Cosmopolitan Prep - - 9/97-5/98 Columbia College Chicago - Audio Arts and Acoustics - 9/2004-5/2006
Membership Organizations
TakeLessons Music Teacher

Data Provided By:
Robert C.
(877) 231-8505
W. Le Moyne
Chicago, IL
Subjects
Music Performance, Guitar, Bass Guitar, Music Theory
Ages Taught
5 to 99
Specialties
I am familair with most of the established systems of teaching guitar, and I call upon them all as needed to best serve each particular student. Jazz for guitar and jazz theory for any instrument are areas of specialty.
Education
CAP Program - Composition, Arrangement, Performance. 3+ years of private study with Rick Barda, emphasis on jazz styles and contemporary harmony National Guitar Workshop - Rock guitar seminar Ventura Community College - General ed. and AA in music - 1998-2000 (not complete) University of California, Santa Cruz - Psychology - 2000-2001 (Bachelor's degree received)
Membership Organizations
TakeLessons Music Teacher

Data Provided By:
J. Andrew D.
(877) 231-8505
W Belden Ave,
Chicago, IL
Subjects
Music Theory, Songwriting, Piano
Ages Taught
7 to 65
Specialties
I majored in Jazz Studies with an emphasis on piano performance, composition, and arranging. My early training, however, was in classical -- and I've taken a number of courses in pop, classical, 20th century, and rock-based theory/arranging.
Education
Pasadena City College - General / Music - 2002-2006 (not complete) Sonoma State University - Jazz Studies (Piano) - 2006-2009 (Bachelor's degree received)
Membership Organizations
TakeLessons Music Teacher

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Take A Breath, Listen To The Spaces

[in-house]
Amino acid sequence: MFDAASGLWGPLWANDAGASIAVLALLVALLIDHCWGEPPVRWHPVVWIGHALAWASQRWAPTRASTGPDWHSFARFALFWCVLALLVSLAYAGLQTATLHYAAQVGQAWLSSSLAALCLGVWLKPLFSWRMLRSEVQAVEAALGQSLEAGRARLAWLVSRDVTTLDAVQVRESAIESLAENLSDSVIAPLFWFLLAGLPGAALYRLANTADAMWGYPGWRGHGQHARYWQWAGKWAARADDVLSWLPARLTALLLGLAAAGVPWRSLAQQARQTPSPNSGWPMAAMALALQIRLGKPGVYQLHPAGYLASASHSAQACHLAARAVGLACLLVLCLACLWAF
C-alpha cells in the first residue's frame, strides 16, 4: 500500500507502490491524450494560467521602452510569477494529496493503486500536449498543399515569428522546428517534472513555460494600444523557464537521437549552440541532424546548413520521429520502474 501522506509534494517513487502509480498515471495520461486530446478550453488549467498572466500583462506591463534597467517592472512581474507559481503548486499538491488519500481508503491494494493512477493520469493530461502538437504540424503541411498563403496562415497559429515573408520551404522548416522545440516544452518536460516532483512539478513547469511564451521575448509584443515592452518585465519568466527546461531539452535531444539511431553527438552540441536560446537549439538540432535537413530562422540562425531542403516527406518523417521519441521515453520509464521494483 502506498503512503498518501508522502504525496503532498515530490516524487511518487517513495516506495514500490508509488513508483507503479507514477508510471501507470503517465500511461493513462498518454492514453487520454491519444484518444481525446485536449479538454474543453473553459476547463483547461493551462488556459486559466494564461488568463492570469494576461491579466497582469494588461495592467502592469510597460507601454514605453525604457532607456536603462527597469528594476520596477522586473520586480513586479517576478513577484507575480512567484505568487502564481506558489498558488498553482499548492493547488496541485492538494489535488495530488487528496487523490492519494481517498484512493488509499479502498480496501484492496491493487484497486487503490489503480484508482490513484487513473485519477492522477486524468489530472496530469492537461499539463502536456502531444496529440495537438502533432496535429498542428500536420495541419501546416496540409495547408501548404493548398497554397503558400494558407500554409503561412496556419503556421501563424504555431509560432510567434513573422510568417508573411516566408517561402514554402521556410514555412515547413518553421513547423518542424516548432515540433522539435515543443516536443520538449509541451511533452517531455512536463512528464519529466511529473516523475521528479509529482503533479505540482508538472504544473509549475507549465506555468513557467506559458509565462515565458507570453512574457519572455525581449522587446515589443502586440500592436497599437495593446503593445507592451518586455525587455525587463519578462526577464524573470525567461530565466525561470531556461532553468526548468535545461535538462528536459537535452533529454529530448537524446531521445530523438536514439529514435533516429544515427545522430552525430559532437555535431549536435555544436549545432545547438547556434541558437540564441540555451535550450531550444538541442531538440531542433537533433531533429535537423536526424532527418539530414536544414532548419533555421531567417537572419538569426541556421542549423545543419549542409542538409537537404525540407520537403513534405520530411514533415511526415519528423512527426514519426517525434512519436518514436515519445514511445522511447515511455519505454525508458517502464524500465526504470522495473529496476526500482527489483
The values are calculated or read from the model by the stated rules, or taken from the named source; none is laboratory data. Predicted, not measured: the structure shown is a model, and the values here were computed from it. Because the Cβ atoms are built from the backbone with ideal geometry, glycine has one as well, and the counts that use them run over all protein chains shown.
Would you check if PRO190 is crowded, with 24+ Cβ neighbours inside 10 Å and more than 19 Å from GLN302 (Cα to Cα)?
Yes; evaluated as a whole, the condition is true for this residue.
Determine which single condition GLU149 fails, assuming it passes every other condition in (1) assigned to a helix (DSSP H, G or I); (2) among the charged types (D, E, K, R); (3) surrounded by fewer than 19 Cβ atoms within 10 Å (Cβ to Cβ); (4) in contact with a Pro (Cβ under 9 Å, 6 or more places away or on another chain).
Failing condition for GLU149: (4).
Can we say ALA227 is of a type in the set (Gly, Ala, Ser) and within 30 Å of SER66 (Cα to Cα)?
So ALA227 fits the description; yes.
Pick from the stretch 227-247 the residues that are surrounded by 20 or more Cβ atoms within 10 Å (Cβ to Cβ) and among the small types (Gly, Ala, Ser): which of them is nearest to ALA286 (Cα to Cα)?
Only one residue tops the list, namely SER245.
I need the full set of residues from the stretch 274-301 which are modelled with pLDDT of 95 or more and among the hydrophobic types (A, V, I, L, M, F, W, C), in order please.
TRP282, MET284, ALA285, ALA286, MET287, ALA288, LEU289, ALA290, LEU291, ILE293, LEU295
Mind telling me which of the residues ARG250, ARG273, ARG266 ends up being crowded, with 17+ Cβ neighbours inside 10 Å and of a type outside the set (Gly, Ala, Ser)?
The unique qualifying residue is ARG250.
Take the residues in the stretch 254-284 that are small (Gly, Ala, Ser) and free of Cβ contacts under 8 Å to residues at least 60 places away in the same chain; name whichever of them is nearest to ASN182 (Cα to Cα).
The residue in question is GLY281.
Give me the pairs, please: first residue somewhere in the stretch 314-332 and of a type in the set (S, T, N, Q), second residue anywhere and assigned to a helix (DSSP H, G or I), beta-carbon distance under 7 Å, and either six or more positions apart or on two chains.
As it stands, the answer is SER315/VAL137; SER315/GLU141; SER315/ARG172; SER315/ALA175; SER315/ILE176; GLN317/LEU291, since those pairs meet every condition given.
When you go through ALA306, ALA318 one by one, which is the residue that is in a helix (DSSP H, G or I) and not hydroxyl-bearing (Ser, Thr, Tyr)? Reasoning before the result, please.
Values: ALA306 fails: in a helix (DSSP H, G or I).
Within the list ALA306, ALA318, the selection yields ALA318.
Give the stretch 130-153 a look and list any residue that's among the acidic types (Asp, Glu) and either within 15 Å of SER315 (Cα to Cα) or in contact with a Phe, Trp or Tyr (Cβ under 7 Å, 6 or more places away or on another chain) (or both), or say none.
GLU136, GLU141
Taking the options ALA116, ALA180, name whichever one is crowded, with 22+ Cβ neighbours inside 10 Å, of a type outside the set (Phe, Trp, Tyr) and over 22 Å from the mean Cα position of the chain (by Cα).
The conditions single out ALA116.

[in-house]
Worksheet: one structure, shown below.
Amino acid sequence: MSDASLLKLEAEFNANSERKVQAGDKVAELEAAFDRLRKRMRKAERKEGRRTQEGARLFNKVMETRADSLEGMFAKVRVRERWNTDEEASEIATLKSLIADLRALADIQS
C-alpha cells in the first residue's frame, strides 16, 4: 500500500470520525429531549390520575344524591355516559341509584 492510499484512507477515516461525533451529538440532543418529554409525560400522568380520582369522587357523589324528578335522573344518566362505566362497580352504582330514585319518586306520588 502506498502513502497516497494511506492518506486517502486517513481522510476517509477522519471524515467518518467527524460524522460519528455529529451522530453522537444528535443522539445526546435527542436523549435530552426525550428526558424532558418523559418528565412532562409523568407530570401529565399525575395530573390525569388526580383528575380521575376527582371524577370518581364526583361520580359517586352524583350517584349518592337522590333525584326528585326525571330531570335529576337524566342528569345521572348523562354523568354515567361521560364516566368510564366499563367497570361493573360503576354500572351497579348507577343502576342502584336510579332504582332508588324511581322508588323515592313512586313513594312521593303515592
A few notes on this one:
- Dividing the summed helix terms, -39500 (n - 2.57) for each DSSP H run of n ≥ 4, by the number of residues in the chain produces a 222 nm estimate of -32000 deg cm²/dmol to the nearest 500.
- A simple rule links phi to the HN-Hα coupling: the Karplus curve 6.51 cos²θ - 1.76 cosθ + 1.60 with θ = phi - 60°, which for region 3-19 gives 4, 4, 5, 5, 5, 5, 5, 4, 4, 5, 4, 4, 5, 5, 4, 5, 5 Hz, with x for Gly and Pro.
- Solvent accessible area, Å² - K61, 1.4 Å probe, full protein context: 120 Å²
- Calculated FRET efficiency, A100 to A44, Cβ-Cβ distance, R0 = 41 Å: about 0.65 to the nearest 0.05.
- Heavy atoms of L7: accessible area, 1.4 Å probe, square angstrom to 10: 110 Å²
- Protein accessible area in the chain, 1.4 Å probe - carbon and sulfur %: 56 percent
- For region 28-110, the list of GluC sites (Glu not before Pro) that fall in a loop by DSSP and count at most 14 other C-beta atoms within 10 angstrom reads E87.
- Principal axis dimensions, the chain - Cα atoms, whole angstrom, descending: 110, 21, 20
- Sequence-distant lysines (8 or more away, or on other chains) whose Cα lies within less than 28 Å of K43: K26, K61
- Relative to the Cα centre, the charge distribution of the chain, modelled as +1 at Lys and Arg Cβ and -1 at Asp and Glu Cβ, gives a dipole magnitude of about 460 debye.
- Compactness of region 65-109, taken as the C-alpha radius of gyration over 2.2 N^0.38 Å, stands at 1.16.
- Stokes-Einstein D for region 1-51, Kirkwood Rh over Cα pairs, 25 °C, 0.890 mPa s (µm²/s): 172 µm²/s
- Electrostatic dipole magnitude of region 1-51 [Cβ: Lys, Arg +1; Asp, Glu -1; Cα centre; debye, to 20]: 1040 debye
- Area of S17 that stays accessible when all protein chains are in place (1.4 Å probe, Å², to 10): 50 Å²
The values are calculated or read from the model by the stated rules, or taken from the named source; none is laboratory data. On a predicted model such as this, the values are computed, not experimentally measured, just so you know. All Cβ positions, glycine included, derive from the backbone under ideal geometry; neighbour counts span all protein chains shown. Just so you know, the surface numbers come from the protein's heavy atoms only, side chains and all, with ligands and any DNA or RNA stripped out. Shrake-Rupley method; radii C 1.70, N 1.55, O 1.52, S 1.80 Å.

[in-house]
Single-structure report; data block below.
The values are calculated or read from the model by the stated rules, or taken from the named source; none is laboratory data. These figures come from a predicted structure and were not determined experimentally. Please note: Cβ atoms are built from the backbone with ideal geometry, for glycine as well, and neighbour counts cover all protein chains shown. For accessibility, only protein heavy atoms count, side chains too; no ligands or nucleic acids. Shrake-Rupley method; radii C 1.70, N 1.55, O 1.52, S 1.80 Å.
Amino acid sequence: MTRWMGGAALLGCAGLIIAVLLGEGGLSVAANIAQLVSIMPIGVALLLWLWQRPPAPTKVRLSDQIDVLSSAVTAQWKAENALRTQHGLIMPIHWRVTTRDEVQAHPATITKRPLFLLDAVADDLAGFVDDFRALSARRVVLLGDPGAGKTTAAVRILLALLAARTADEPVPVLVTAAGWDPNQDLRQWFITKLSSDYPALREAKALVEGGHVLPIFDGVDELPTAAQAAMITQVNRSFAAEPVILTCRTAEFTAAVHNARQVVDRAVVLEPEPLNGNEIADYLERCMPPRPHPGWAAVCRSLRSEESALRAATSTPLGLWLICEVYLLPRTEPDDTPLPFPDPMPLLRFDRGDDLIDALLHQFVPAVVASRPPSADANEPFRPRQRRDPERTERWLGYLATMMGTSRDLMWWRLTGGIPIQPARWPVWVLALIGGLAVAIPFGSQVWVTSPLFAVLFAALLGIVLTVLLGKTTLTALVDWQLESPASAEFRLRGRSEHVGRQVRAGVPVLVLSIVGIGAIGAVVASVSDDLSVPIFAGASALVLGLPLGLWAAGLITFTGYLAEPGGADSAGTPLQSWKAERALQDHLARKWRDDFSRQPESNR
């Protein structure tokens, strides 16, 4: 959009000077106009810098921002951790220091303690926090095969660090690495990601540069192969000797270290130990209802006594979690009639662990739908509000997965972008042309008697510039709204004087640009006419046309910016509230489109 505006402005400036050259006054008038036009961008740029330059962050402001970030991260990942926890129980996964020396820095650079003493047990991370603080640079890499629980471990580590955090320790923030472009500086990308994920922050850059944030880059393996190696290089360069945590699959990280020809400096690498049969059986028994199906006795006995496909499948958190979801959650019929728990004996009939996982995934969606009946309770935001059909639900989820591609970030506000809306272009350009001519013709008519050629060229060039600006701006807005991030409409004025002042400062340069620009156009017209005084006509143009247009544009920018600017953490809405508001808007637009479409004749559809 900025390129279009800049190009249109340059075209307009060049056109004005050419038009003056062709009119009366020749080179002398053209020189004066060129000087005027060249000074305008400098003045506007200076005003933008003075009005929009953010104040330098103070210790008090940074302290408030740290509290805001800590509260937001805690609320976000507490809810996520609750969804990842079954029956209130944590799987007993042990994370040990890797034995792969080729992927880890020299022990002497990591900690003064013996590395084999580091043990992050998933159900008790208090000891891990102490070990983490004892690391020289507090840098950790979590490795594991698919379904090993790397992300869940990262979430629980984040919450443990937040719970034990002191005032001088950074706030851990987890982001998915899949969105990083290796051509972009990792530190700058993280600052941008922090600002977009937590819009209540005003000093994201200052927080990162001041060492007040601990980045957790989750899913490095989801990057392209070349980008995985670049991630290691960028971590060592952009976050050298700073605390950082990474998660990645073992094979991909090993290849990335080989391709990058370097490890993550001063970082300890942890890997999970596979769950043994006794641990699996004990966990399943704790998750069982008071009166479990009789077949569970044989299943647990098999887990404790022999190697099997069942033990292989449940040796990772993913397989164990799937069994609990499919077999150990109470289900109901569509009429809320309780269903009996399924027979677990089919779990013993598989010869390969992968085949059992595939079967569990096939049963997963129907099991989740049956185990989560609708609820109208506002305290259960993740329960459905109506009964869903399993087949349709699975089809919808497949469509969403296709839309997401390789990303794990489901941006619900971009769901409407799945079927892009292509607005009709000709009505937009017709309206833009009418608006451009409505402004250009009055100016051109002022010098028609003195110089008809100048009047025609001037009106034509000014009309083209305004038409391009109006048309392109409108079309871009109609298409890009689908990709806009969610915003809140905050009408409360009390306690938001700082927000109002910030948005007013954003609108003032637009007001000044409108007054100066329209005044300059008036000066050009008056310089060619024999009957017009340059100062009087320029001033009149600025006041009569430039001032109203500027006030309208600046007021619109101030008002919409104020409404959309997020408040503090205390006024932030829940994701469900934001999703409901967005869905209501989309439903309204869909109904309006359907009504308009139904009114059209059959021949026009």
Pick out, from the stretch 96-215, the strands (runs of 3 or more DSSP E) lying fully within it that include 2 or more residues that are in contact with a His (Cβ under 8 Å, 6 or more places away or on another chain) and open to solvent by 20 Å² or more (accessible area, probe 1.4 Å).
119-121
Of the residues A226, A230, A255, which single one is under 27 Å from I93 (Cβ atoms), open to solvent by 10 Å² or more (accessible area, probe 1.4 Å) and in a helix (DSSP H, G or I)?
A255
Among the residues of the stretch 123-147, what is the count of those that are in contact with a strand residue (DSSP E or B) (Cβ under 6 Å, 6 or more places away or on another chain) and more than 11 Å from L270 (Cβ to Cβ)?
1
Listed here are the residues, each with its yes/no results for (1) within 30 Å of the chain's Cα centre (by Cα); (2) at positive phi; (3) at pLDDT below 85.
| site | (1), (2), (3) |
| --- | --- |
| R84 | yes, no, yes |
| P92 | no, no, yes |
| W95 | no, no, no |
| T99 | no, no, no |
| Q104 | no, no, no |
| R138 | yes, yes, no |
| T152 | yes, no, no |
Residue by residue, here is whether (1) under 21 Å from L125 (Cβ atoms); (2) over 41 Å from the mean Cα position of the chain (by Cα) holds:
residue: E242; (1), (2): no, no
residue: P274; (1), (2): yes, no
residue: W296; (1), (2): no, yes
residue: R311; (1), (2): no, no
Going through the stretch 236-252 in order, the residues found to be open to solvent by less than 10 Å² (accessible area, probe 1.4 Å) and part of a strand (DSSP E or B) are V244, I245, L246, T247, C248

Take A Breath, Listen To The Spaces
By Chris Standring ( www.chrisstandring.com )

I was at the NAMM show recently, a massive trade show for musical products. If you've ever been into Guitar Center and witnessed that infernal noise made by guitarists and bass players 'trying out' instruments, then the NAMM show is that x 50,000. It can be hell, yet a necessary evil if you are in the business.

I spent some time walking around and of course made my way to many of the guitar and amp booths, after all it's always good to keep up with anything new and groundbreaking. I came across a few professional guitar players who had been hired to demonstrate guitars, and as good as these players were technically, there was always one aspect of their playing that stood out to me. I find this is the case with any guitar player that is not communicating. They play too much. Tons and tons of notes, in rapid succession, all brilliantly executed. But what is really being said? How can you enjoy music when you feel like you are having your teeth drilled?

Guitar players are notorious for doing this, simply because they can. If they were horn players things would be very different. You simply have to take a breath. Guitar players technically don't have to do this, so they don't, and as a result their music is compromised.

The first time I was aware of this was several years ago when I started using a digital vocoder. In order for the notes to be heard on my guitar, I would have to mouth something into the microphone to trigger them. Then of course you get to shape the sound with syllables and so on. I was in a rehearsal and my sax player said to me, "Chris you play different when you use that thing, because you have to take a breath". Perhaps that was a kind way of saying I sucked, but the talkbox thing was cool. It certainly struck a chord anyway. So from then on, and it took a while to really sink in, but I tried to really focus on phrasing. And not just as a guitar player, but compositionally, if my music doesn't breathe, I'm just not interested.

As jazz guitarists, there is a terrible tendency for us to play a lot of notes, firstly because the genre historically has given us permission to do so, and second, archtop jazz guitars don't generally lend themselves to sustaining notes, so in order to 'get over', guitarists fall into the trap of overplaying.

There are of course compromising situations which affect the way we play and it is important to be aware of these at the time. First, if you are taking a solo and the band behind you is not being particularly supportive, i.e.; playing busily and not listening to you, then this very often makes a player play more notes because they are fighting to speak, as it were. But if the band is just grooving, you as a soloist can play just a few notes and the spaces are music in themselves!

Another compromising situation might be a borrowed or rented amp that ju...